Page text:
A coach is a coach. Right? Wrong. We often think of coaching as a single job. But in fact, there are many different tasks that can go into the job of being a coach. These tasks might include recruiting athletes, liaising with parents, planning training regimes, monitoring fitness levels, designing strength and conditioning programs, supervising training and competition schedules, assisting individual athletes with personal goal-setting, organizing facilities and equipment, developing team selection criteria, selecting teams, and doing all the administrative work that accompanies a competitive schedule. It also means being a bit of an accountant, a travel agent, an insurance broker, a psychologist, a chaperon and a guardian. The job is multi-faceted and the person filling the role of coach is typically multi-talented.
While we might understand all this intuitively, problems arise when these tasks are not clearly described and the authority that accompanies these tasks is not defined. The topic of job descriptions is primarily about human resources and personnel management; it also has a legal dimension because the resulting disputes are often resolved through legal or quasi-legal methods.
Recently we received a call from a coach on the brink of a nasty dispute about the tasks and authority that his coaching job entailed. People within the organization could not (or would not) clarify his authority, and he was becoming increasingly frustrated. We asked if we could have a look at his employment contract, in the hope that it would articulate his responsibilities or at least point us in the direction of a job description. It did neither. The situation that he finds himself in is one of confusion, frustration, and escalating animosity.
There is widespread agreement that a detailed job description is an essential part of the coach’s employment contract. But even before a job description is prepared, the sport organization should undertake a job analysis. A job analysis involves examining a job position and job-related tasks from the perspective of the needs and objectives of the organization. Depending on the organization’s situation, needs, and resources, the position of “coach” may be broadly or narrowly defined.
In performing the job analysis, the organization should gather information about the responsibilities of the job, the tasks and activities to be performed in fulfilling the responsibilities, the authority tied to the position, and communication and reporting relationships. A coach, or someone familiar with coaching, should be involved in developing this job analysis.
From the job analysis, it is then possible to generate a job description and job specifications. The job description sets out the specific duties and responsibilities of the job, working conditions, authority of the coach, and relationship of the coach to others. The job specifications identify the skills, talents, education and experience that might be needed, or desired, to execute the job description. Together, these two documents will give the organization a clear view of the kind of person they wish to hire and will give the prospective coach a clear idea of the scope and substance of the job.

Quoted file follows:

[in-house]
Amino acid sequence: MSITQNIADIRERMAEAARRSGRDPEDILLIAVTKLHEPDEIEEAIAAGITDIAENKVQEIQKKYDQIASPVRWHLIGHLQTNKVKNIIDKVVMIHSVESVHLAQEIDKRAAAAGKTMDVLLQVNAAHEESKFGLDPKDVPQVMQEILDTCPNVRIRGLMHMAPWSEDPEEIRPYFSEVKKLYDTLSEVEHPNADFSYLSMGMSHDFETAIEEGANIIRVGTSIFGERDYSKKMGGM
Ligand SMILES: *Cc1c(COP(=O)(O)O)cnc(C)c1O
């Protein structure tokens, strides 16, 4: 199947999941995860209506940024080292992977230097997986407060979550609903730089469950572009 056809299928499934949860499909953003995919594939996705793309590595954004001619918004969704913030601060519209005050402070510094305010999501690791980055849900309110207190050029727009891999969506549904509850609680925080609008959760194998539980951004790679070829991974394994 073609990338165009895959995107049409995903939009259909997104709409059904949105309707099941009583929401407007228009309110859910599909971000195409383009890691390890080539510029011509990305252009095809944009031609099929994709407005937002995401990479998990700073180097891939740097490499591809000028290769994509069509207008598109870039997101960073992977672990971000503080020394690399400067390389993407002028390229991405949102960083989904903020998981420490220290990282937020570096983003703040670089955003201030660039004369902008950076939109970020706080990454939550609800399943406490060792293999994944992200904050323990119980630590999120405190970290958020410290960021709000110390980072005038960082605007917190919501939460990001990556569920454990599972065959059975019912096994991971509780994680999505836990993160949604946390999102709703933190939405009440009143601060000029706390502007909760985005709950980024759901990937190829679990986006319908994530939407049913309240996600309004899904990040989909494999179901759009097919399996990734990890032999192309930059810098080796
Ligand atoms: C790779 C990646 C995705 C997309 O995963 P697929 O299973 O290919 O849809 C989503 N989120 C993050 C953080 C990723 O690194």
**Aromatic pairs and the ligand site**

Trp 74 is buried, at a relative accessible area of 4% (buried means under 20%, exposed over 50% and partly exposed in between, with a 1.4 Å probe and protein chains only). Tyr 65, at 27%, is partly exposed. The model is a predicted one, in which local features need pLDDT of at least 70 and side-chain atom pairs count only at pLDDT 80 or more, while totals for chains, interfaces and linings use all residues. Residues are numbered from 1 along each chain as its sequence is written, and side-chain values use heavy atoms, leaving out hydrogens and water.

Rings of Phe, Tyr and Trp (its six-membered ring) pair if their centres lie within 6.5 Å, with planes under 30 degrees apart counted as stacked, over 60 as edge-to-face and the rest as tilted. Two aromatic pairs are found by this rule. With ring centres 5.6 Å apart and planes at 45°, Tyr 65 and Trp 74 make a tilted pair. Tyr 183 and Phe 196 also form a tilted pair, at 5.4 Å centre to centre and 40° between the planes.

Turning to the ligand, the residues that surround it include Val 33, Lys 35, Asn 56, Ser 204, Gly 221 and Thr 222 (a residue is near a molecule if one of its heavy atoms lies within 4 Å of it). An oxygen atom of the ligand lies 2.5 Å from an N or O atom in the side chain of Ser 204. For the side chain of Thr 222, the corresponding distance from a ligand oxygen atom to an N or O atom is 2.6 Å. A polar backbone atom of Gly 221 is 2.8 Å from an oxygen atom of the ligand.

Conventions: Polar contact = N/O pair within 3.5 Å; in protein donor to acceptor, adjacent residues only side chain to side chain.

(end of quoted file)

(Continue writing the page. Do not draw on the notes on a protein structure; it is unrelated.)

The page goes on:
The job description needs to be clear and concise and should
- identify the position (title, level, for example) summarize the job (major functions/activities) define the coach’s relationships (reporting to, working with) describe the responsibilities and duties of the coach (this expands on the functions and activities and forms the basis for the coach’s performance appraisal) define authority (types of decisions the coach can make, budgetary limits on decision-making) set standards of performance (standards or markers for achievement) outline working conditions (travel, hours of work, weekend work, overtime)
- identify job specifications (personal requirements such as abilities, skills, experience, education, level of certification, and other qualifications)
The coach who contacted us feels that he has the authority to select the national team. We reviewed the list of duties set out in his contract and found that he was to be involved in developing selection criteria, but the job description didn’t elaborate on how, when, and with whom that would be done. The coach felt that the following phrase authorized him to select the team: “coordinate and administer team appearances, team events and the registration of team members at competitions”. We disagreed. In this organization, it is not at all clear how selection decisions are made.
Wouldn’t it have been preferable to have a clear and straightforward description of the tasks to be performed by the coach, based on a properly done job analysis? It is well worth the effort to prepare an accurate and clear job description for two reasons: disputes can be avoided and the sport organization can ensure that tasks are being performed by those with the best skills and talents . yet one more step in tipping the scale in the direction of success.
There are other reasons to do a proper job analysis and use it to carefully and accurately set out job responsibilities and duties. A well-done job description will form the basis for performance evaluation, will help to clarify levels of compensation, and will establish levels of seniority. In effect, the job description defines the employee’s value to the organization.
In closing this column, we would like to add that one more task for the multi-tasking coach is to be a good personal business manager. Knowing what the specific coaching job entails, ensuring it is clearly and fully reflected in a well-written job description and incorporating this job description into a coaching contract is a critical part of the repertoire of skills of the professional coach.
Originally published: Coaches Report (2001) Vol. 7(4)